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Happy National Friends of the Library Week! This is a time to celebrate volunteer organizations that promote and support their local libraries. We’d be remiss if we didn’t take this week to thank our own Austin Public Library Friends Foundation.
Not only are these library lovers dedicated to supporting us by “increasing public awareness about the library and its importance to the community” (according to their mission statement), they have some amazing programs of their own!
Check out the Foundation’s Badgerdog Writing Workshops (all led by professional writers) for children and adults. The Foundation’s annual New Fiction Confab gathers notable, currently publishing authors in Austin to lead writing workshops and read from their latest work. Follow the Foundation on Facebook and Twitter and learn how you can become a member today!
If membership is not for you, library love is more than enough to make you a friend of libraries. We love our friends and they love us. To celebrate this week of mutual affection, here are 5 memes via APL’s Pinterest page filled with bibliolove.
Happy Austin Arbor Day! That’s right, it’s Austin Arbor Day 2014, a celebration put on by the City of Austin Urban Forestry Program in partnership with Treefolks. This morning, over 70 volunteers got together to plant 80 native trees at the Boggy Creek Greenbelt. You might even remember that at Austin Arbor Day 2013, trees were planted at our own Ruiz Branch!
One of my favorite Recycled Reads finds over the years has been a well-loved copy of Famous Trees of Texas, of which the Library still has a few circulating copies. This book, published by the Texas Forest Service (first in 1970), highlights trees that helped complete the scene in some major moments in Texas history. As if one book coupling Texas history with historical trees is not enough, when I went to look in our catalog for Famous Trees of Texas, I discovered that a guy named Ralph Yznaga wrote a book in 2012 inspired by the old Texas Forest Service books. His is called Living Witness: Historic Trees of Texas (pictured above). According to the book's description on BiblioCommons, "The photographs in Living Witness premiered at the groundbreaking of the Mollie Steves Zachry Texas Arboretum at the Lady Bird Johnson Wildflower Center," a local treasure!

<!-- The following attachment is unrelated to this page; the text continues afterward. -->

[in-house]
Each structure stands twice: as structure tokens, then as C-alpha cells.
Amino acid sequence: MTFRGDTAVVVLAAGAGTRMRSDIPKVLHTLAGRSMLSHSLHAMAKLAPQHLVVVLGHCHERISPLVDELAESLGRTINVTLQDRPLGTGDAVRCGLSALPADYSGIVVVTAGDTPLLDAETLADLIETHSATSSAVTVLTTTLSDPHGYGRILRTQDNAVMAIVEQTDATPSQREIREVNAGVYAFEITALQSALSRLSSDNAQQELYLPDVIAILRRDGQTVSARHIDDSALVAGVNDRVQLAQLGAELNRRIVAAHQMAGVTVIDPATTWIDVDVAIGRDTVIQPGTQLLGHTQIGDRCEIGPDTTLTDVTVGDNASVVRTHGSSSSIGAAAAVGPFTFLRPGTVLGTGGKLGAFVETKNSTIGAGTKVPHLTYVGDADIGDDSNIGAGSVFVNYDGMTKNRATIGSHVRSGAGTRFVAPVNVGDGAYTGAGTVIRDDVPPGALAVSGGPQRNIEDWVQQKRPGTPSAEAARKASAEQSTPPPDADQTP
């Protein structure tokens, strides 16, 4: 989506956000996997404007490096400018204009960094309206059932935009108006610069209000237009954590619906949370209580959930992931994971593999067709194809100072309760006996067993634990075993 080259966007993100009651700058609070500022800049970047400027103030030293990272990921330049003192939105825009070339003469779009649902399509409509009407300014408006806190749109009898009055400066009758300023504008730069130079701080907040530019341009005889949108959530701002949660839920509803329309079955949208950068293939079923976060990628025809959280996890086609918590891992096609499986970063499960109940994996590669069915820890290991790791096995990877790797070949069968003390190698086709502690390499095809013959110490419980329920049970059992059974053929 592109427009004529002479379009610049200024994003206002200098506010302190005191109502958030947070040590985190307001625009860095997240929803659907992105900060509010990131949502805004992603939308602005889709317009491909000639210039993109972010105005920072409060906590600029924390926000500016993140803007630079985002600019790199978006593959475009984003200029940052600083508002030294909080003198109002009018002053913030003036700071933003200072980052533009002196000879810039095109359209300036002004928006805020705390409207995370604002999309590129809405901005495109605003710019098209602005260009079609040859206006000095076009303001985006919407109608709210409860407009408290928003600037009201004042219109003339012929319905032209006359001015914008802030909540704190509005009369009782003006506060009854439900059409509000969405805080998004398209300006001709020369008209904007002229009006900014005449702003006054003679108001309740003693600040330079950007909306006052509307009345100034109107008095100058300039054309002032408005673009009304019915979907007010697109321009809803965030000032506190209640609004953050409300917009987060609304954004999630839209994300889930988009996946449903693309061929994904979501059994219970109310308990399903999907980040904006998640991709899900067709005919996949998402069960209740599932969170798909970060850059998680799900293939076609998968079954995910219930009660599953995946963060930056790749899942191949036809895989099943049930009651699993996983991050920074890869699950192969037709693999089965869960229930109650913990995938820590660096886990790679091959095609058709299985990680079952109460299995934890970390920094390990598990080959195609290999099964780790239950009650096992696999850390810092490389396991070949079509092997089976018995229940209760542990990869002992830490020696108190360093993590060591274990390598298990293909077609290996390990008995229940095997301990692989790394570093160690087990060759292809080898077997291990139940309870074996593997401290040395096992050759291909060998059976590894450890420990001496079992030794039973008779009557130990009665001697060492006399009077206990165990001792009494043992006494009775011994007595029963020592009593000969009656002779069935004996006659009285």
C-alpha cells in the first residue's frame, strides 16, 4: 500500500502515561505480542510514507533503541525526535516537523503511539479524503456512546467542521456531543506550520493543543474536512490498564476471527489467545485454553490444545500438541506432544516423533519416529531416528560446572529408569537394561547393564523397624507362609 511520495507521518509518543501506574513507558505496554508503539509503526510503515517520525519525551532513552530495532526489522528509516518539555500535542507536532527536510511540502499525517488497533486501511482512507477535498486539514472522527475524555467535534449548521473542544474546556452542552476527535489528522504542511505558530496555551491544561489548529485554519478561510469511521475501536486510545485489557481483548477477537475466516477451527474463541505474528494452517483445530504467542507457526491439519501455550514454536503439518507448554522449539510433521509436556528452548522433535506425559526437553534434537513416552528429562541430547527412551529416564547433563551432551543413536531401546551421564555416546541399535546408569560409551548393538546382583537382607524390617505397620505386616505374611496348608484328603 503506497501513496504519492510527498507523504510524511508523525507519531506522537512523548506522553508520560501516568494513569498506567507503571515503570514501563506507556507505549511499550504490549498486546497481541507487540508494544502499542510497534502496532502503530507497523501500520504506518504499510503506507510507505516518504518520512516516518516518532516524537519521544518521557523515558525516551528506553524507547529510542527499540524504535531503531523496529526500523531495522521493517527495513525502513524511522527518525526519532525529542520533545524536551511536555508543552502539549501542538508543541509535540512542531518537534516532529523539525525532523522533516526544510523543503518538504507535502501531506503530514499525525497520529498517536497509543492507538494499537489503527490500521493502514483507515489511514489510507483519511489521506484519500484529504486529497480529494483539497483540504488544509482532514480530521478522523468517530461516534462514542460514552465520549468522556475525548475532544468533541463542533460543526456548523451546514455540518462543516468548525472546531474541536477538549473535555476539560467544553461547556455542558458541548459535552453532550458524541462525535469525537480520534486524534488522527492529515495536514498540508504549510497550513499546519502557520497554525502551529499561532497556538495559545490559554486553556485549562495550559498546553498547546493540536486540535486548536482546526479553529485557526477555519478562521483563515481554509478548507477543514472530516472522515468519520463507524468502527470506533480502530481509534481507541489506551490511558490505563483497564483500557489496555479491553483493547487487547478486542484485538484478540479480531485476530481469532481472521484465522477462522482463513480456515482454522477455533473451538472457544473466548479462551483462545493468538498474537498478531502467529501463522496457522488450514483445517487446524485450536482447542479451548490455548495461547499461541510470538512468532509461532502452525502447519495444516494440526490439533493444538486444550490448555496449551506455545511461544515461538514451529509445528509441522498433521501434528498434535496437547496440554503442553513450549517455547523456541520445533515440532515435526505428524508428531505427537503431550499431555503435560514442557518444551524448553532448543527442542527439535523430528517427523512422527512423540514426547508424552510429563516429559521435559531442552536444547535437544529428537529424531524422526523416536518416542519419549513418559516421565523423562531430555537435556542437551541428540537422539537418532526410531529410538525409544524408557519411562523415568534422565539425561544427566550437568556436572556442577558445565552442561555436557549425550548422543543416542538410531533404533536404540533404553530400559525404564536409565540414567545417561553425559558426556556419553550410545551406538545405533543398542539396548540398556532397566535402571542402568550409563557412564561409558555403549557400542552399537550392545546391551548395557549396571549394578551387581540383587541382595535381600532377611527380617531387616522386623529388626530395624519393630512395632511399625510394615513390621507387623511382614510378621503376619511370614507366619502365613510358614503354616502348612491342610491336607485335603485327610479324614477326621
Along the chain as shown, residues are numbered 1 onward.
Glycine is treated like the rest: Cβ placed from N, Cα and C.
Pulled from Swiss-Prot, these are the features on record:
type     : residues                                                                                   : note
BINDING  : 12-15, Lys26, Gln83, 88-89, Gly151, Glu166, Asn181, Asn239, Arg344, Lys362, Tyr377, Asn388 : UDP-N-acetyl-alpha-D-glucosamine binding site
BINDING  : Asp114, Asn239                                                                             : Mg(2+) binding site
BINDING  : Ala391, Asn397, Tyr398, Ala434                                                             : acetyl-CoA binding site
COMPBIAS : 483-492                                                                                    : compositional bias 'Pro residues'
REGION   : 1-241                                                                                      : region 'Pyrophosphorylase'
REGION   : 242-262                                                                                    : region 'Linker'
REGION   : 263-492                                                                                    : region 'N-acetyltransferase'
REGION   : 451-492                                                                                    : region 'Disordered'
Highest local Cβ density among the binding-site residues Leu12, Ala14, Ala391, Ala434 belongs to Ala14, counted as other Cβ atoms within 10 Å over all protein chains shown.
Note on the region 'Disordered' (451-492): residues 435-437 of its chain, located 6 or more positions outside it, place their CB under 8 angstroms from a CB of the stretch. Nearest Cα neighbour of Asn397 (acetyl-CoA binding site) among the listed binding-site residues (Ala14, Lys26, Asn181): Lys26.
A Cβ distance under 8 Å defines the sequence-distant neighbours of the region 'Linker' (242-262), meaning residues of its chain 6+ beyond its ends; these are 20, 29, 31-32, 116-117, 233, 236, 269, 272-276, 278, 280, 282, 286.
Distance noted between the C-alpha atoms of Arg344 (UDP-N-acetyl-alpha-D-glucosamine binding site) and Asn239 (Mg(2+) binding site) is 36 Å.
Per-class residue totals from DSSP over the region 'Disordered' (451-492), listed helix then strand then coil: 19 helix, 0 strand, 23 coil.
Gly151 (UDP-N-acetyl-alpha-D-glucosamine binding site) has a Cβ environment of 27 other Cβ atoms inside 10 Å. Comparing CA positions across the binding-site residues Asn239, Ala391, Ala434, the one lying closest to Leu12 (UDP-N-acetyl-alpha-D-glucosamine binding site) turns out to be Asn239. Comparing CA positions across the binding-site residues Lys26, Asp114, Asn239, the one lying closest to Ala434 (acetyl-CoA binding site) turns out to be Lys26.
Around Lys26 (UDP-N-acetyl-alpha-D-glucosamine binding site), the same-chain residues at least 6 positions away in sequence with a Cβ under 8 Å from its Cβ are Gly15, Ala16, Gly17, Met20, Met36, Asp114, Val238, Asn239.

Read more about Austin’s Urban Forestry Department here and remember: A tree you plant on Austin Arbor Day (or any day!) could live to see any number of momentous occasions.
Imagine having millions in your pocket. Imagine what you would do and where you would go. I’m talking about the kind of currency that libraries thrive on: millions of pieces of information -- names, addresses, phone numbers, financial figures, and more.
A to Z Databases is a powerful digital resource that combines the GPS facets of mobile mapping with the insightful data sets of an annual report. Basically, you take the white and yellow pages of 220 million residents, 30 million businesses and executives, and 1.1 million healthcare professionals in the United States, pack them into one search tool, and get a research-friendly alternative to Google Maps.
If you’re an APL cardholder, you can access this resource for free online through the library’s website and on a mobile iOS device through the A to Z Databases app. With the app installed on your iOS device you can find and map businesses and personal addresses nationwide, by city/state, or by current location (GPS). Moreover, you can search by category and by phone number, if that’s all you have to work with.
Seeing the app in action best illustrates how it differs from a tool like Google Maps. Click on the graphic at right for a glimpse. The graphic combines four screenshots that I grabbed from an iPad to show the data revealed when you locate a specific business (top two screenshots, showing industry codes and revenue trends) and a personal address (bottom two, showing length of residency and neighborhood information).